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MalFet 01-03-2011 06:27 PM

Beer historians: recipe for typical beer in Cleveland, circa 1930?
 
My brother-in-law just bought an old house in Cleveland, Ohio. While looking through some old pictures, he was delighted to discover that it was briefly the site of a commercial beer garden in the years following prohibition. His plan is to host an annual party to commemorate it, and I'd like to help by supplying some beer authentic to the time period.

Do any historians out there have thoughts? What kind of beer was being brewed in the American midwest in the mid-1930s? I've done a bit of research, but haven't been able to find anything beyond very general statements.

Any help will be greatly, greatly appreciated!
-MalFet

rockfish42 01-03-2011 07:05 PM

Classic american pilsner would probably fit the bill.
http://www.bjcp.org/2008styles/style02.php#1c

Homercidal 01-03-2011 07:08 PM

CAP. Like the current American Lager, but more and with flavor.

Oldsock 01-03-2011 08:22 PM

Probably wasn't much good beer being brewed in 1930 considering it was more than 10 years into prohibition. CAP is probably closer to what was being brewing before prohibition (and World War I for that matter).

MalFet 01-04-2011 02:28 PM

Thanks for the response guys. I've never noticed that style before browsing through the BJCP. Looks interesting. Was there anything else being brewed around that time, just so I can add a bit of diversity?

@Oldsock - My title was confusing, and I tried to change it after I posted the message but couldn't. As the body of my post stated, I'm talking about right after prohibition. I should have said circa-1933, but I was just rounding. Obviously three years makes a big difference here, though :D

Oldsock 01-04-2011 02:39 PM

Sorry I didn't read your post more carefully.

According to: http://ech.cwru.edu/ech-cgi/article.pl?id=CBC4 "After repeal, the only Cleveland brewery to reopen was Fishel, located at 2764 E. 55th St., which resumed production in July 1933, brewing Gold Bond and Crystal Rock beer and Old Timer's ale into the 1960s." Here is some more info: http://www.beerhistory.com/library/h...BS_stang.shtml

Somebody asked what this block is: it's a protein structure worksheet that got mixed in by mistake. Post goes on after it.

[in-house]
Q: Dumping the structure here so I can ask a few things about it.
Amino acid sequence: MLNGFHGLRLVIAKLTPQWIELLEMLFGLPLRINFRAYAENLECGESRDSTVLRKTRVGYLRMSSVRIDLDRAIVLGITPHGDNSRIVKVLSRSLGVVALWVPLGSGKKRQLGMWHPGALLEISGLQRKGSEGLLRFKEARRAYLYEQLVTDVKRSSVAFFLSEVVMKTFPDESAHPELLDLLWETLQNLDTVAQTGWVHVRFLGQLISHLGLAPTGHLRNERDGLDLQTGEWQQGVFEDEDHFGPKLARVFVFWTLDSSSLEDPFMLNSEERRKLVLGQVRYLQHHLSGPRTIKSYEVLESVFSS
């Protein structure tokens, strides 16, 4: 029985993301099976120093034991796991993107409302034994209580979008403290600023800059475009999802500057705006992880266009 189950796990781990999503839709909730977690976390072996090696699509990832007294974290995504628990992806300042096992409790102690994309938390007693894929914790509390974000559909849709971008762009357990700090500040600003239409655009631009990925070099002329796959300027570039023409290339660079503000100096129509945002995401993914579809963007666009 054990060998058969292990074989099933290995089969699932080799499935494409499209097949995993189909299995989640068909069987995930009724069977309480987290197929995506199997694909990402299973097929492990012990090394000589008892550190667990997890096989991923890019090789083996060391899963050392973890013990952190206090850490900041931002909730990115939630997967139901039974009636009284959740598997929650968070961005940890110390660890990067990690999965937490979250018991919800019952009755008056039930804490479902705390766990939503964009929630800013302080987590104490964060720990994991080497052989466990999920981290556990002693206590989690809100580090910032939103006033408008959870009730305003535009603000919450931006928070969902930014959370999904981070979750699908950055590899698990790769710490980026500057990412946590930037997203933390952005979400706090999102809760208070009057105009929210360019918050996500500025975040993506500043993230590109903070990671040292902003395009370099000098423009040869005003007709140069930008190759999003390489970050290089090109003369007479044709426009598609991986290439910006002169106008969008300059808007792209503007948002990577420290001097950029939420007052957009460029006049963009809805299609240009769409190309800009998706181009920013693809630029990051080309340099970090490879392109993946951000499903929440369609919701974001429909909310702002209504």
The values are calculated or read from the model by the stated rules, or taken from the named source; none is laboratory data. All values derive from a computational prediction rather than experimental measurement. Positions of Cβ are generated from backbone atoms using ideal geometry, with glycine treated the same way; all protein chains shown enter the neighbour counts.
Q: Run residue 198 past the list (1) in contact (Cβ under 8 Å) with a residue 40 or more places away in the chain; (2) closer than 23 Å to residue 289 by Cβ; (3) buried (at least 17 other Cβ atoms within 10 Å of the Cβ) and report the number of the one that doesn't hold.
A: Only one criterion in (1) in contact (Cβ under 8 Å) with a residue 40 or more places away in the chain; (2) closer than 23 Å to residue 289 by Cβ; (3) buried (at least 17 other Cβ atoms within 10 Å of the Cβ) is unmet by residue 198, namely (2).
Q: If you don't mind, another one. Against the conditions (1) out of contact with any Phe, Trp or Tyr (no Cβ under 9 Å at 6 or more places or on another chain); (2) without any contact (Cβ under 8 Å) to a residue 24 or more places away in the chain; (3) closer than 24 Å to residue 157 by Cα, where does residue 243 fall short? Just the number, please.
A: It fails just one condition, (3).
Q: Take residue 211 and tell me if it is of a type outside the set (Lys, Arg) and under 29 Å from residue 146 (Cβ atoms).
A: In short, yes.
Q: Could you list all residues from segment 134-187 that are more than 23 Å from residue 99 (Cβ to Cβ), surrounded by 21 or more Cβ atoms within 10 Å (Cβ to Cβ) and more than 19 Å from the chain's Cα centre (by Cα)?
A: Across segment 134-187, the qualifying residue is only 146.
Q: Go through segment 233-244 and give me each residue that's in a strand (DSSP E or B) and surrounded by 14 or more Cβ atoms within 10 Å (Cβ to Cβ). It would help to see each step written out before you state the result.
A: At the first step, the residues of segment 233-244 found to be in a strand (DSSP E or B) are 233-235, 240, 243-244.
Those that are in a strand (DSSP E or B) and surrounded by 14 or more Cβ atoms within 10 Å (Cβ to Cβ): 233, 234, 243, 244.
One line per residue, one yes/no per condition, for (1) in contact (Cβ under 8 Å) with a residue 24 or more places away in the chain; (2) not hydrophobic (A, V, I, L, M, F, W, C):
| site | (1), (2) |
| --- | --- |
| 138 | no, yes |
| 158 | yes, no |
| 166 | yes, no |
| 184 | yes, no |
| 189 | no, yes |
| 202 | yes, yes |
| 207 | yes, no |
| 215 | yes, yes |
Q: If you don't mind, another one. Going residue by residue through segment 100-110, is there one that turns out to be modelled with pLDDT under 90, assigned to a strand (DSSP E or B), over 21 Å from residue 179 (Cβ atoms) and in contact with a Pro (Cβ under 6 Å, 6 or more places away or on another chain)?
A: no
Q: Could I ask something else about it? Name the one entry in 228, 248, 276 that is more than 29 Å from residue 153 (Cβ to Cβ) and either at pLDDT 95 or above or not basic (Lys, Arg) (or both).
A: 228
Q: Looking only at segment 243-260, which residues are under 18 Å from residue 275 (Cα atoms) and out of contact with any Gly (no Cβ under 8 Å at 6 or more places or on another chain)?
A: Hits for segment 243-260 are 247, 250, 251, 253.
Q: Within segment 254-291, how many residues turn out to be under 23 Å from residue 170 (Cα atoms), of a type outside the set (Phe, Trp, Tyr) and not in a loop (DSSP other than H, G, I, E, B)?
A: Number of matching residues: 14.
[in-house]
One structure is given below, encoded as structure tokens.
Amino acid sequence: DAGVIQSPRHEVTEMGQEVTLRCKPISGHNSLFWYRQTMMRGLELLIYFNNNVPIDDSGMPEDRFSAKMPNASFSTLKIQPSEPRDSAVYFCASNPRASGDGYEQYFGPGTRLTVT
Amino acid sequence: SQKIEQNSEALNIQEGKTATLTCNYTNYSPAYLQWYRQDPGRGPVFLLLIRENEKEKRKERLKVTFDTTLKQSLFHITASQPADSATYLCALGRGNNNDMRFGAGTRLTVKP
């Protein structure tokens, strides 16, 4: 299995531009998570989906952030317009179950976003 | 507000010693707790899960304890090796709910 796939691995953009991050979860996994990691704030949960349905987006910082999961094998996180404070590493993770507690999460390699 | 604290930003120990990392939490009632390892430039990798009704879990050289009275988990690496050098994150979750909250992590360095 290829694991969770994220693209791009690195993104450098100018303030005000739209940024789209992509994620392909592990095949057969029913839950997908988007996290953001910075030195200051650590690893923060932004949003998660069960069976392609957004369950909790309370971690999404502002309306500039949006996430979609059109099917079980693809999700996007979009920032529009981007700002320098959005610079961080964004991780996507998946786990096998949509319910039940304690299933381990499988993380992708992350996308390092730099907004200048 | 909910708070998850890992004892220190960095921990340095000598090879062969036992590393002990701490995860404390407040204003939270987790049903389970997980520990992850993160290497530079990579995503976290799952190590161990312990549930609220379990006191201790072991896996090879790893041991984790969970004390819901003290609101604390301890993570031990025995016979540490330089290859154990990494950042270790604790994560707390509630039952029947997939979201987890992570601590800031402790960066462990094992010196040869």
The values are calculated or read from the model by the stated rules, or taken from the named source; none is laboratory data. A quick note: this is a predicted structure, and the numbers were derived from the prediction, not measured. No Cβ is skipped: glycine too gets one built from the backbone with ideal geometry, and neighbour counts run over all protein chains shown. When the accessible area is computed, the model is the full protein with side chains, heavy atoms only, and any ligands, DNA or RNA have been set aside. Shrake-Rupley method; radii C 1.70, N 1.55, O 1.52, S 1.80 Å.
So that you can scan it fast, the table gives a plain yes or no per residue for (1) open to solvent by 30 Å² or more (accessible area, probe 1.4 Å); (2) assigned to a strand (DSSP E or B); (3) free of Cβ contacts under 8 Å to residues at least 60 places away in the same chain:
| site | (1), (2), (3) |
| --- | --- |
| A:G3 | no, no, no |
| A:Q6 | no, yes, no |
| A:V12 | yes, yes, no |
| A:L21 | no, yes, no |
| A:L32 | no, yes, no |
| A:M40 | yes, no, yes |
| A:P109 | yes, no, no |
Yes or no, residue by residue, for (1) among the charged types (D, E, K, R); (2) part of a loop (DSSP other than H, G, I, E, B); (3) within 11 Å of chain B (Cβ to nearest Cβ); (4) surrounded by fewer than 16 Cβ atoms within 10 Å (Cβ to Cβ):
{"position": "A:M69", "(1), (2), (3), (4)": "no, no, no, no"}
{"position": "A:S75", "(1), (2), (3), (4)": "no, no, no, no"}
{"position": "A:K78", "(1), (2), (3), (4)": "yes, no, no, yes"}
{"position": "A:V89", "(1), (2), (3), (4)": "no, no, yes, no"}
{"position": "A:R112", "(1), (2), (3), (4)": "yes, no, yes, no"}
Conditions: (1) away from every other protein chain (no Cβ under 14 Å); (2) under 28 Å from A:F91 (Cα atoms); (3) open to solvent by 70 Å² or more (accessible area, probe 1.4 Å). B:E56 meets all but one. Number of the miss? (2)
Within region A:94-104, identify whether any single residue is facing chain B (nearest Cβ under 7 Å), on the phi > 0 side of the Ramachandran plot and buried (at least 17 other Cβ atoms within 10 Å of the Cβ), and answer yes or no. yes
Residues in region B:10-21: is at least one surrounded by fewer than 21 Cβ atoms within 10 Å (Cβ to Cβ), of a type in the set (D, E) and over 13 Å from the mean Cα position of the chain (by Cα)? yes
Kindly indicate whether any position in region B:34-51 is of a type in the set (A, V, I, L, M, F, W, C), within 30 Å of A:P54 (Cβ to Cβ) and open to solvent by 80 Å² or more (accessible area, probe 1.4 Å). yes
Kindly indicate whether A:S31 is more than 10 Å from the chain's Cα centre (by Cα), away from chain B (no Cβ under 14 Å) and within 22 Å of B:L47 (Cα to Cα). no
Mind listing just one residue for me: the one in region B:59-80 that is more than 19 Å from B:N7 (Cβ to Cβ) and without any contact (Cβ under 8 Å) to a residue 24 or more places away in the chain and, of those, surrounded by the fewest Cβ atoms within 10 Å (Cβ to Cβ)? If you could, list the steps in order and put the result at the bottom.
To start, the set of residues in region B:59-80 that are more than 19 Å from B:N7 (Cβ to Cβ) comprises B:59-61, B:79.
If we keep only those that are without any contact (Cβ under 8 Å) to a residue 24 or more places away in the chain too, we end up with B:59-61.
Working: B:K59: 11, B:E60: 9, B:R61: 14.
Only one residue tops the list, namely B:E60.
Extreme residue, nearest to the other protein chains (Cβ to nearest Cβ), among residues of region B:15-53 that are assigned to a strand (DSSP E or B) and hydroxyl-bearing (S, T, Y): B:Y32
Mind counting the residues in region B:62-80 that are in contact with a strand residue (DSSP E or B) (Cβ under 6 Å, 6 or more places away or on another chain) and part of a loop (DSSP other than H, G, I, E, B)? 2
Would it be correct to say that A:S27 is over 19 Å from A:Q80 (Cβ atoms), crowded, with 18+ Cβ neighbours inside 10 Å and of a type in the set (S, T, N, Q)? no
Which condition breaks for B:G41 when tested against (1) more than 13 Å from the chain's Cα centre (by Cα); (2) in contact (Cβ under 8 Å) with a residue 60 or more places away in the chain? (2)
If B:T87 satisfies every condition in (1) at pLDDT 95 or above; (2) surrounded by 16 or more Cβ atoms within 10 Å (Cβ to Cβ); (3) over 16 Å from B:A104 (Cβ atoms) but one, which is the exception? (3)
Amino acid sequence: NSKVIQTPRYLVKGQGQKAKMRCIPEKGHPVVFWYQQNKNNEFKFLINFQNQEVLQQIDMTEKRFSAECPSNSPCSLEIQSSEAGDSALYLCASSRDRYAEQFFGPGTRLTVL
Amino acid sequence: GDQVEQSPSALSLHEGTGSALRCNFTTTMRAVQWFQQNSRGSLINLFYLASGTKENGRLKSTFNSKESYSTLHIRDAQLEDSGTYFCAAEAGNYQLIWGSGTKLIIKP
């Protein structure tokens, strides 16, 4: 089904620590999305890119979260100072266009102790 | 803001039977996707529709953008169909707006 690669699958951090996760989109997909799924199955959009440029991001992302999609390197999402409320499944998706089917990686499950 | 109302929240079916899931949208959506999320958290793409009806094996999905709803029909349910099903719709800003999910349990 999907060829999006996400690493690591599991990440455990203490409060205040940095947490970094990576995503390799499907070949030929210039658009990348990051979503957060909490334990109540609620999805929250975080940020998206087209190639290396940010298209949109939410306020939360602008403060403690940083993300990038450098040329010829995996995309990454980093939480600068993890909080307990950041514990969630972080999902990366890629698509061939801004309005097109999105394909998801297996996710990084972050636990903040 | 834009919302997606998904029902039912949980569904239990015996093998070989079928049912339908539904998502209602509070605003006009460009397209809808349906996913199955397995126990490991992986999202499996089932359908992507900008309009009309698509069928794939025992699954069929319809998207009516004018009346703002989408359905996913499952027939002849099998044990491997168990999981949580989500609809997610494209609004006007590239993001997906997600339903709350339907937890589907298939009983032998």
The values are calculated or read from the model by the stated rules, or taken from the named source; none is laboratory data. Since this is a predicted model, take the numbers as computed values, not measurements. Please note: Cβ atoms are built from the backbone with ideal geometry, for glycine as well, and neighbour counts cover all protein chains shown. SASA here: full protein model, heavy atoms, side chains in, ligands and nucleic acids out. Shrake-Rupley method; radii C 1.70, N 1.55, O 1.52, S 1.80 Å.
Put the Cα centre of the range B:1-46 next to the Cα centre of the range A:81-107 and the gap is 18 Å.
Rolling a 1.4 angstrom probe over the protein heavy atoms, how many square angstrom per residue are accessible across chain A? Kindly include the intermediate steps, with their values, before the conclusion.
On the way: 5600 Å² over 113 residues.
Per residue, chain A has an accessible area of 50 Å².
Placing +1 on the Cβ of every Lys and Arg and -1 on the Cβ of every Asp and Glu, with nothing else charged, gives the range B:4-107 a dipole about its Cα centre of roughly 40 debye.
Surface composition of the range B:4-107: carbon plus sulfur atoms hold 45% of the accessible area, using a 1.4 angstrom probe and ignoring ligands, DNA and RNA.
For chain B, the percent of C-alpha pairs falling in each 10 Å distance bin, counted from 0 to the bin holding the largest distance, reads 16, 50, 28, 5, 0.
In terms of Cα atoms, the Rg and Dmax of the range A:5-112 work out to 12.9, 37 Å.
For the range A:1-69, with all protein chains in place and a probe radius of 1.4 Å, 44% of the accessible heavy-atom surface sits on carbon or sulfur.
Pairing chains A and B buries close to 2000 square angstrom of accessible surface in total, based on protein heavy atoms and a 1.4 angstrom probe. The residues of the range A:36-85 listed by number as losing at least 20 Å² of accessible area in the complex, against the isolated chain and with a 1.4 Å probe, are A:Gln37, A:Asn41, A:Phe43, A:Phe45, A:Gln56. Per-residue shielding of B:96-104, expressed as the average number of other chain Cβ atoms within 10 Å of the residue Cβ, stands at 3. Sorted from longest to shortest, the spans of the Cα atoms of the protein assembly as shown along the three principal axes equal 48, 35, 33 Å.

Here is a picture of a can of Old Timer's Ale:http://www.worthpoint.com/worthopedi...comp-cleveland

Sadly none of these give any particular notes on the flavors of any of these beers.

For what I've generally read the beers brewed after prohibition were lighter and less hoppy than they were pre-pro, so maybe a slightly scaled down CAP or a more characterful variant of a modern Cream Ale.

MalFet 01-06-2011 12:08 PM

Great find, Oldsock. Your googlefu is superior to mine. Thanks for your help. It's a good read.

kanzimonson 01-06-2011 03:07 PM

When I think of historical recipes, I imagine brewers making very simple recipes with whatever ingredients they could scrounge up. They wouldn't have been able to easily say "I'd like to add 2% Special B to this beer for the extra flavor of..."

Go super simple... maybe even use 6row. A good bit of corn, maybe a dash of amber or brown malt. Original American hops (Liberty I think are classic American). German Lager yeast.

MalFet 01-06-2011 09:00 PM

That's good advice kanzimonsoon. I'd been thinking to play around with corn for this. Does anyone know if any ales were being brewed in the Midwest at this time, or anything else unusual like steam beers, etc?

rockfish42 01-07-2011 12:45 AM

Liberty are not classically American they were released in 1991, though they are related to Hallertau which was imported into the US during that period. Older varieties that are US specific are limited to Cluster and maybe Ivanhoe.


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